ZUI this article from the MOD Defence News:
Royal Marines from 40 Commando returned to a rain-swept Gibraltar this weekend, the scene of one of their most famous and historic battles, to exercise their freedom of the place and unveil their new monument.
On Saturday 28 February 2009, the Commandos conducted a ceremonial parade. It was the first time the Freedom of Gibraltar has been exercised since it was awarded in 1996 and, despite the rain, the Main Street parade was lined with people and dignitaries before a public reception was held by the Governor, Lieutenant General Sir Robert Fulton KBE, himself a Royal Marine.
The next day the Chief Minister unveiled the monument, sited near the point where the Marines first came ashore in 1704. Commandant General Royal Marines, Major General Garry Robison, then dedicated the monument.
The weekend's events, which culminated with a band concert in St Michael's Cave, commemorated the capture of 'The Rock' in an amphibious assault on 24 July 1704 by British and Dutch Marines as part of the War of the Spanish Succession. They then withstood a prolonged siege from October 1704 to April 1705, achieving "immortal glory" according to commentators at the time.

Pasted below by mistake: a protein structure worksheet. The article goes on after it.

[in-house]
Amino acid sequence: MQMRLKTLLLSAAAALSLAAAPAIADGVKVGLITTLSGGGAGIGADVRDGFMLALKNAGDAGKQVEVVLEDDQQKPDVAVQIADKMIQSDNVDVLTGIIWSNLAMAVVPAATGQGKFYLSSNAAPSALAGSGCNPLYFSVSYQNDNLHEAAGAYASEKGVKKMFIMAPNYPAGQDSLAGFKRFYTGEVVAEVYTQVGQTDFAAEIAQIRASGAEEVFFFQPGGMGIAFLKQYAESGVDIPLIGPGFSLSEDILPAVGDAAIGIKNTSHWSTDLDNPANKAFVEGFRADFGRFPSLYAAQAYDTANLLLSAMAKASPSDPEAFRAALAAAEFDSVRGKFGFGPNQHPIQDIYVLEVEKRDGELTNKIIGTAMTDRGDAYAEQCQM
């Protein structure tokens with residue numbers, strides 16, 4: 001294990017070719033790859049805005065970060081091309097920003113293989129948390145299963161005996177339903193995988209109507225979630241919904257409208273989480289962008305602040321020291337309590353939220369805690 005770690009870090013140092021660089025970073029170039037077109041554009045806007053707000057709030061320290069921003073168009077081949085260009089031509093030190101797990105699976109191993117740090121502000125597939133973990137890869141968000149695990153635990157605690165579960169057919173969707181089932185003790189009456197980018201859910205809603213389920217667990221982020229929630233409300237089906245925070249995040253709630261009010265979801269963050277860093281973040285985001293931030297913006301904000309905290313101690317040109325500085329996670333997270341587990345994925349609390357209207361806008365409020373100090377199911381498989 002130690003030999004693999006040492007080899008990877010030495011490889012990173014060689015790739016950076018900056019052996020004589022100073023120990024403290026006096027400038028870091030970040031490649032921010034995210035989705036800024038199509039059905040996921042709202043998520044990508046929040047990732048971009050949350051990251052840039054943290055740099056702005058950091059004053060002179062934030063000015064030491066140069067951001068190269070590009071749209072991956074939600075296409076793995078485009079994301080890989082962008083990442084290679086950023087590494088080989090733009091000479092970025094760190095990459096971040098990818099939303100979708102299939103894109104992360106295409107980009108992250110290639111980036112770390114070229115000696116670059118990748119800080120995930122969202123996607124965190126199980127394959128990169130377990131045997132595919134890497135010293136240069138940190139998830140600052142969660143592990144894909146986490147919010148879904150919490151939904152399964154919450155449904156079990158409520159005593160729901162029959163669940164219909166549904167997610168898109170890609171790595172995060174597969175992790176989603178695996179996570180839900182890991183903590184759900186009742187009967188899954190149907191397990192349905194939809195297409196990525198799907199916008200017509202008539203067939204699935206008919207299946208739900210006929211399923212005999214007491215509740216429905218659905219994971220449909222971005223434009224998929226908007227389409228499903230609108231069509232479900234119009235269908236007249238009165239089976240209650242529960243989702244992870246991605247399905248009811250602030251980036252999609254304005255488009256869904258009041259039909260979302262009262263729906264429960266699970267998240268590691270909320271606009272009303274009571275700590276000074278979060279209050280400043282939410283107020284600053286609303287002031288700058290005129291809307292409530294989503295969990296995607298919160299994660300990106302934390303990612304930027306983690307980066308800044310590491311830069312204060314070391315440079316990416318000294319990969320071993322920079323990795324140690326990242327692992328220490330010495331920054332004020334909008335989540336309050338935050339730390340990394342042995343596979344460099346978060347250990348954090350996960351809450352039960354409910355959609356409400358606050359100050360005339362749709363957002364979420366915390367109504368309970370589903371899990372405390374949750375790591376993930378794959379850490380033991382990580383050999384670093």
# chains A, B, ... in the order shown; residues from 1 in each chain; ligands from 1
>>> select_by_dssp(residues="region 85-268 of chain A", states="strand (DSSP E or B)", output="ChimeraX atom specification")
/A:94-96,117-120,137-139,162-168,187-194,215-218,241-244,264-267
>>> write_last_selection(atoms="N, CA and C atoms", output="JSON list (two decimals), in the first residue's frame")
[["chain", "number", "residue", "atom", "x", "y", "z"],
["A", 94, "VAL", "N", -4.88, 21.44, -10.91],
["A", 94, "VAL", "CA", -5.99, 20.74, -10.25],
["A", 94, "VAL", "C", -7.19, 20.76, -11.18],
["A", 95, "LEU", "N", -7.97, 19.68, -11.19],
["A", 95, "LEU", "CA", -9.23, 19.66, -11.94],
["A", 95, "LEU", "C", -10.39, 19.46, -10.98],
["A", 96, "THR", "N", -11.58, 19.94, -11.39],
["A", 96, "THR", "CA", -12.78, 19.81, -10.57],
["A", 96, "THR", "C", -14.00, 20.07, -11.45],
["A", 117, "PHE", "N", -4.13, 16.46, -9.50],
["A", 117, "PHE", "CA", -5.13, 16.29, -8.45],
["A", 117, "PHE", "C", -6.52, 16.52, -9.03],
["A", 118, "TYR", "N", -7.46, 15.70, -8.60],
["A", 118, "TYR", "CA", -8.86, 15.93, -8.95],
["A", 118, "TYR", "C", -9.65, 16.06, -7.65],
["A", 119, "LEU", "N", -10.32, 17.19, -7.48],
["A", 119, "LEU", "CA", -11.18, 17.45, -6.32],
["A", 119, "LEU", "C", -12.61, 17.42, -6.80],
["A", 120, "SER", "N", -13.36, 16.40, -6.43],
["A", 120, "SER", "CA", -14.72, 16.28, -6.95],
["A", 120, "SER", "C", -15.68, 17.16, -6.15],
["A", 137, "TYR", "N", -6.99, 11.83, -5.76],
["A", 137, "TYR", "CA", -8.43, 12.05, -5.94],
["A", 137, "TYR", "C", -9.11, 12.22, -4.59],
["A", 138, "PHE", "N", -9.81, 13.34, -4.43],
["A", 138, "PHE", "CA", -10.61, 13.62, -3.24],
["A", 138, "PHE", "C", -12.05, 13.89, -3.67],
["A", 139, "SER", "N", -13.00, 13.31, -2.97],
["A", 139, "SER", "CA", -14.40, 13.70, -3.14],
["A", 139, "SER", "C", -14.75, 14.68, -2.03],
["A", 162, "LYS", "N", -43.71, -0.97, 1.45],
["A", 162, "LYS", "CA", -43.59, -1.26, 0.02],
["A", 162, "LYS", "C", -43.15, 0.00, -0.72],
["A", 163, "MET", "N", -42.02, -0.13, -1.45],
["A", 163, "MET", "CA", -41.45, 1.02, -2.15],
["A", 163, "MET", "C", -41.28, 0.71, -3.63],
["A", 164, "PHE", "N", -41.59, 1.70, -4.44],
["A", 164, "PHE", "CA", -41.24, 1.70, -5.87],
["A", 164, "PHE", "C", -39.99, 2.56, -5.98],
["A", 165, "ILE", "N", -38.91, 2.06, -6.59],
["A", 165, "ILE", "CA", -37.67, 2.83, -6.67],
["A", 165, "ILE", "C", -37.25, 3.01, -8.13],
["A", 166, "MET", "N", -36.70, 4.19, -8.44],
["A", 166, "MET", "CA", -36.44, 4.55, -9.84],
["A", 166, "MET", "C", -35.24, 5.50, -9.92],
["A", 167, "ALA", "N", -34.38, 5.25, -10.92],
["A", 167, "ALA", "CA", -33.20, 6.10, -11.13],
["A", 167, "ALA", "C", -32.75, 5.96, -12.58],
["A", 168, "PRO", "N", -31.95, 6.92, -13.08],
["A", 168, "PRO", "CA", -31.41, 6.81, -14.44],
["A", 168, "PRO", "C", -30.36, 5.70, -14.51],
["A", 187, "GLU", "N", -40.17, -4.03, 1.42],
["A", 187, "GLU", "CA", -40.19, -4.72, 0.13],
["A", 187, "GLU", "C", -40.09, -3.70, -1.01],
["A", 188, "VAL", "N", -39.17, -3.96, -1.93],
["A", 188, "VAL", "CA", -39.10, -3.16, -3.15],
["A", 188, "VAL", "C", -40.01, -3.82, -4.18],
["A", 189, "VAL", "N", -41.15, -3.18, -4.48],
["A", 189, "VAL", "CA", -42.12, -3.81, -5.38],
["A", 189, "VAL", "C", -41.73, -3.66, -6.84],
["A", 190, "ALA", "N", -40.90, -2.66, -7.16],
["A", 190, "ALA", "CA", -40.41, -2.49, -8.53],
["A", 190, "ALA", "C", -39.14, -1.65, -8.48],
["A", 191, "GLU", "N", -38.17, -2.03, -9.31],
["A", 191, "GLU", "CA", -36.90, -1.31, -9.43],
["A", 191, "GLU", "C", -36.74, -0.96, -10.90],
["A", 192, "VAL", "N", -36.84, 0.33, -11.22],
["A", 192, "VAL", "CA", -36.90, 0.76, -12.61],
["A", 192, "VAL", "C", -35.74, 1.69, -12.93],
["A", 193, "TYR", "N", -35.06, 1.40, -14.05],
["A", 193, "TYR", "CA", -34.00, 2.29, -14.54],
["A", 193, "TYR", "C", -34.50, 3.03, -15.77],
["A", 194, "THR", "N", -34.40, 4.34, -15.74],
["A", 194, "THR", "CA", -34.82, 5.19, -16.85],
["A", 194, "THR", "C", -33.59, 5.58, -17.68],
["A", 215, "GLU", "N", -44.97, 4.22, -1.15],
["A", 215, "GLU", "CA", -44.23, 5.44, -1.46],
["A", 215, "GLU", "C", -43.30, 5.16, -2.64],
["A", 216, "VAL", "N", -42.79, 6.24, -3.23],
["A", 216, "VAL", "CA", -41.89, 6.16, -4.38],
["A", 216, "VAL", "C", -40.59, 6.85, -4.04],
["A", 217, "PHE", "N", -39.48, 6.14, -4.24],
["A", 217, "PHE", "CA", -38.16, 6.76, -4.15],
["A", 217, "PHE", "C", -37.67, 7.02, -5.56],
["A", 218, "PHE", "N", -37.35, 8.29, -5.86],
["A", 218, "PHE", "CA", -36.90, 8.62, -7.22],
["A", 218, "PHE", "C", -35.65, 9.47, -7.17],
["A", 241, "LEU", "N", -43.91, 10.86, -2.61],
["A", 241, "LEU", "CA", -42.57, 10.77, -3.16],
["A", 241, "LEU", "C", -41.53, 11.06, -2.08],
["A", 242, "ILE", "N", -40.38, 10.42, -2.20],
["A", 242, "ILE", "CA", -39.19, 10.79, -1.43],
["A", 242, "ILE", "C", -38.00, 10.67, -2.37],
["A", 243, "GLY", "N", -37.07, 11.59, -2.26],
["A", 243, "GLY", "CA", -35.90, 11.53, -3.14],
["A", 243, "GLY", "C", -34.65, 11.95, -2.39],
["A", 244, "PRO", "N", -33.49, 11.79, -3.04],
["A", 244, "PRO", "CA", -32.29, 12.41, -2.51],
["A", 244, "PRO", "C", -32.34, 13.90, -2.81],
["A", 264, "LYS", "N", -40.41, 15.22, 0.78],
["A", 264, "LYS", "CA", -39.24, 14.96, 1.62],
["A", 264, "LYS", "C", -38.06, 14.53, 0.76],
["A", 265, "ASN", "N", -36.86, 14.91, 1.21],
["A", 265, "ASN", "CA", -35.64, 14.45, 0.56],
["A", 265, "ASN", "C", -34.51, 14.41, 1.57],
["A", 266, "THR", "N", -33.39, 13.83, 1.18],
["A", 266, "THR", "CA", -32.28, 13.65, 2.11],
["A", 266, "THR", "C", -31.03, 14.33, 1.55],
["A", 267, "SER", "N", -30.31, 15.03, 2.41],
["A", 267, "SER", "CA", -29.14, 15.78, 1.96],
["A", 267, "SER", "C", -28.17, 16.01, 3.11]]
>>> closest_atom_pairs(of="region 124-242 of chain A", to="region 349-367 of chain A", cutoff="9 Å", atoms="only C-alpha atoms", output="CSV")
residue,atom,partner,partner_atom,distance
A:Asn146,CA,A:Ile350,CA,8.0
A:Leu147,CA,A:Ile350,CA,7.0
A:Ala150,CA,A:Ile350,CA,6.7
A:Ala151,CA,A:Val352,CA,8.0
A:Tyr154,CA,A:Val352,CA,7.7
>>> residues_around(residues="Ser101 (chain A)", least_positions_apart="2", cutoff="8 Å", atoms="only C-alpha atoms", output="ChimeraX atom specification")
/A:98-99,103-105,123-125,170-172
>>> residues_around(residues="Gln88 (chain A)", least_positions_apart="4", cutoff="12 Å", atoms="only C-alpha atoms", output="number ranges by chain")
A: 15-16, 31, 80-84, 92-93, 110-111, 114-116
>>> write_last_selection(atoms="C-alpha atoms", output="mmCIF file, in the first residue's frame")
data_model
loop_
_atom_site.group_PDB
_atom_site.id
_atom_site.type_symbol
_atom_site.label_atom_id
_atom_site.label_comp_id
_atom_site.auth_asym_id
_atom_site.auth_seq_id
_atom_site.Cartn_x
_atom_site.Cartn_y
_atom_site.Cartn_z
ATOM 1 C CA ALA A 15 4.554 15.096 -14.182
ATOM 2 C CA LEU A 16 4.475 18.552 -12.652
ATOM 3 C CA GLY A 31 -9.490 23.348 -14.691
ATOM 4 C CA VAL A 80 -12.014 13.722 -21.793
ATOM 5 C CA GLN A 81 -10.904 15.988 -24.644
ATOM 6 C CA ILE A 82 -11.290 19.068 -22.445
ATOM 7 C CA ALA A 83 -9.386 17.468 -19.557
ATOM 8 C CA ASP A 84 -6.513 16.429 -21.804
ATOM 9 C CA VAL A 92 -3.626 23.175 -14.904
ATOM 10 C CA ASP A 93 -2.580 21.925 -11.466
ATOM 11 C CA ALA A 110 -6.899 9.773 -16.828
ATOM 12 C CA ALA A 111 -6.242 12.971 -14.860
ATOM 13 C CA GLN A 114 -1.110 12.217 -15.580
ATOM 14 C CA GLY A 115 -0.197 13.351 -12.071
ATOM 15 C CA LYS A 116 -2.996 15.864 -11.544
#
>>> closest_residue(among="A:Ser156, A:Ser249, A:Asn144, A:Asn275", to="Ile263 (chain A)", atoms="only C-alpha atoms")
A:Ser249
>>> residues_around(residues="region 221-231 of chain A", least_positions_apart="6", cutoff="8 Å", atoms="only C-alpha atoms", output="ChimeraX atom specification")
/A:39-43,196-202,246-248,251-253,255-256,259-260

40 Commando's Alpha Company and attached ranks have been practising arms drill and marching for weeks in preparation for the parade. On the transit from the United Kingdom, on the Royal Fleet Auxiliary ship Mounts Bay, the company was even practising on the flight deck of the ship.
Marine Andy Tipping, aged 22 from Durham, said:"We were all proud to be a part of this parade. All Royal Marines learn about the taking and holding of Gibraltar during our training and it's a great honour to follow in the footsteps of our forebears."
The Commandos are in Gibraltar as their first port of call on the Royal Navy's Taurus 09 deployment.
MOD photograph © Crown Copyright/MOD 2009